The diocese traces its roots back to 1857, when it was carved out of the old Diocese of Toronto, to serve the 13 counties of the western part of Upper Canada. The first bishop was Benjamin Cronyn, who was elected by a synod of clergy and lay delegates in 1857. It was the first time in the history of the Anglican communion that a diocese had elected its own bishop. Until then bishops were named by the Queen and her advisers in England.

While the diocese traces its corporate history back to 1857, its earliest congregation, St. John’s, Sandwich in Windsor, dates back to 1697.

The Diocese of Huron may have rich historical roots, but its suffragan bishop, Robert Townshend, says changing roles of clergy and lay people are a fact of life as the diocese moves into the 21st century.

“It’s the most important issue for the life of the diocese, equipping lay people to provide leadership,” says Bishop Townshend. He contends that the church has too long looked to clergy for all its leadership. “And I still meet search committees who are looking for a rector to come and do work for them.”

But that model won’t work anymore, he says. Clergy will still be called on to teach, preach, administer the sacraments and act as pastor, but ministry must be shared with lay people. Otherwise, he says, the church can’t survive.

The diocese supports lay ministry partly by sending diocesan funds back to its 14 deaneries. Most of the funding has gone to support lay ministry in the two years this has been done, Bishop Townshend said , equipping people to be teachers of the faith, to work in social outreach and to participate in leadership in liturgy and worship.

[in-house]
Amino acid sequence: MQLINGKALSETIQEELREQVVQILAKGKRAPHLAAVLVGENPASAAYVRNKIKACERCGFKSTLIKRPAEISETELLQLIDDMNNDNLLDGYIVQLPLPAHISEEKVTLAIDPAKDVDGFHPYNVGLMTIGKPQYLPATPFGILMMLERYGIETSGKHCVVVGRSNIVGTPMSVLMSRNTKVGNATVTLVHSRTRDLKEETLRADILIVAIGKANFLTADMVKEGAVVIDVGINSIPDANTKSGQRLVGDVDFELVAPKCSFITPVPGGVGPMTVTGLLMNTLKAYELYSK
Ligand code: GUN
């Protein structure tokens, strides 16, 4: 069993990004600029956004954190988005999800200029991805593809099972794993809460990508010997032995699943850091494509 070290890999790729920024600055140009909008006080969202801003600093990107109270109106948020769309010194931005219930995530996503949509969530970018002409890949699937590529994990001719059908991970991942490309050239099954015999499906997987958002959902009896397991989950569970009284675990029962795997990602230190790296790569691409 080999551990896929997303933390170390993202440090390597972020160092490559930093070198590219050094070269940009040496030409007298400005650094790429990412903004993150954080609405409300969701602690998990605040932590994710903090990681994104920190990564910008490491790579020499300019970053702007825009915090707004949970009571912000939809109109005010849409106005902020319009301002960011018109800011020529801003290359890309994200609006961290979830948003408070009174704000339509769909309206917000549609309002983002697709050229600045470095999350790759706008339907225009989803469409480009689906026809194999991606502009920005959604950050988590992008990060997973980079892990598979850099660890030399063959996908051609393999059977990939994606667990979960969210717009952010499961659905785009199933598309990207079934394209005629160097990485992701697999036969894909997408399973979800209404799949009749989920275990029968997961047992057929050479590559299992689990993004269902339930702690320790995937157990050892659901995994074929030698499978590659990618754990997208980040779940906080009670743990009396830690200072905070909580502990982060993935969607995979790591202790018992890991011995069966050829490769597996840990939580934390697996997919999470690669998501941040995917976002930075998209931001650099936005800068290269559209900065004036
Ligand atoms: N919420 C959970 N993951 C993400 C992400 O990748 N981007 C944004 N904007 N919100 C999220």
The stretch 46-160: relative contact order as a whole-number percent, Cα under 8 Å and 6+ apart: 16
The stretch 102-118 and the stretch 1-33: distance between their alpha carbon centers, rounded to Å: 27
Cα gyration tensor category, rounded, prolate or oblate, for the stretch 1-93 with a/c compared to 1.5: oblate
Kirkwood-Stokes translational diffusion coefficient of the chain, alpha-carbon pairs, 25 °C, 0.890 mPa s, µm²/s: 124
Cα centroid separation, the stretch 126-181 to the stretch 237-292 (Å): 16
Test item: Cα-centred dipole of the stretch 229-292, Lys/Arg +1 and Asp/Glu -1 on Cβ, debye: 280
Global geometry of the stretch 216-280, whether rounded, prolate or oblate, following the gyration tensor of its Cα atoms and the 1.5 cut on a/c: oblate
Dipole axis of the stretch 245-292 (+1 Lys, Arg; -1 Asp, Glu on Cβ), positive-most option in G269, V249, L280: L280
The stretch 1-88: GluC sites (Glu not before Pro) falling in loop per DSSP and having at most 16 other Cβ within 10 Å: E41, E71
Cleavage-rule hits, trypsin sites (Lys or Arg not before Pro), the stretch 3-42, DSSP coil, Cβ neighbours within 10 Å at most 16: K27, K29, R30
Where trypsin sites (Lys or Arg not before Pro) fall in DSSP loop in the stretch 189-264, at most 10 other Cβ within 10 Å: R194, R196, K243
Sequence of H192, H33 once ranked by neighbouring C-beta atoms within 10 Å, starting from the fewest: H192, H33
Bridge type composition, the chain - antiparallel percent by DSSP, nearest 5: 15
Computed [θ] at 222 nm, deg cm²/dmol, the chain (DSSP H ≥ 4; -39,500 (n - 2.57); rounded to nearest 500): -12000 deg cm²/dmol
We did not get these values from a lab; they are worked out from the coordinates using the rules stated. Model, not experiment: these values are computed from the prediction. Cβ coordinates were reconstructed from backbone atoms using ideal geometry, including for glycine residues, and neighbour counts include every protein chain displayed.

Much of Huron is still rural, which means the future of small rural parishes is an important issue. Archbishop O’Driscoll says the responsibility for decision making rests at the local level. “We have no canon here to tell people what to do. We don’t make decisions for them. There is no agenda imposed. Congregations have to decide for themselves whether it’s feasible to carry on. Our congregations are pretty independent and we depend on that to have a strong, vibrant ministry.”

While some rural parishes are closing, or reducing the number of church buildings, others are exploring alternatives, he said.

“One option is to unify congregations while worshipping in several buildings. Sometimes our structures don’t fit the needs of the church today.”

Unifying multi-point rural parishes provides a better base for developing music, Sunday school, lay leadership and other ministries.

There have been no new church development parishes in the diocese for the past few years, but Archbishop O’Driscoll reports a number of parishes have erected major additions, valued from $400,000 to $1 million.

One of the most encouraging trends he sees is the way parishes have embraced outreach work, both in their local communities and to the wider world.

“It seems like almost every congregation is engaged in some form of outreach. And it’s become stronger in the last five years with such efforts as food banks and food kitchens.”

The Huron Hunger Fund, which works closely with the Primate’s World Relief and Development Fund to fund overseas mission work, raises about $300,000 annually.

Bob Bettson is a Toronto freelance writer.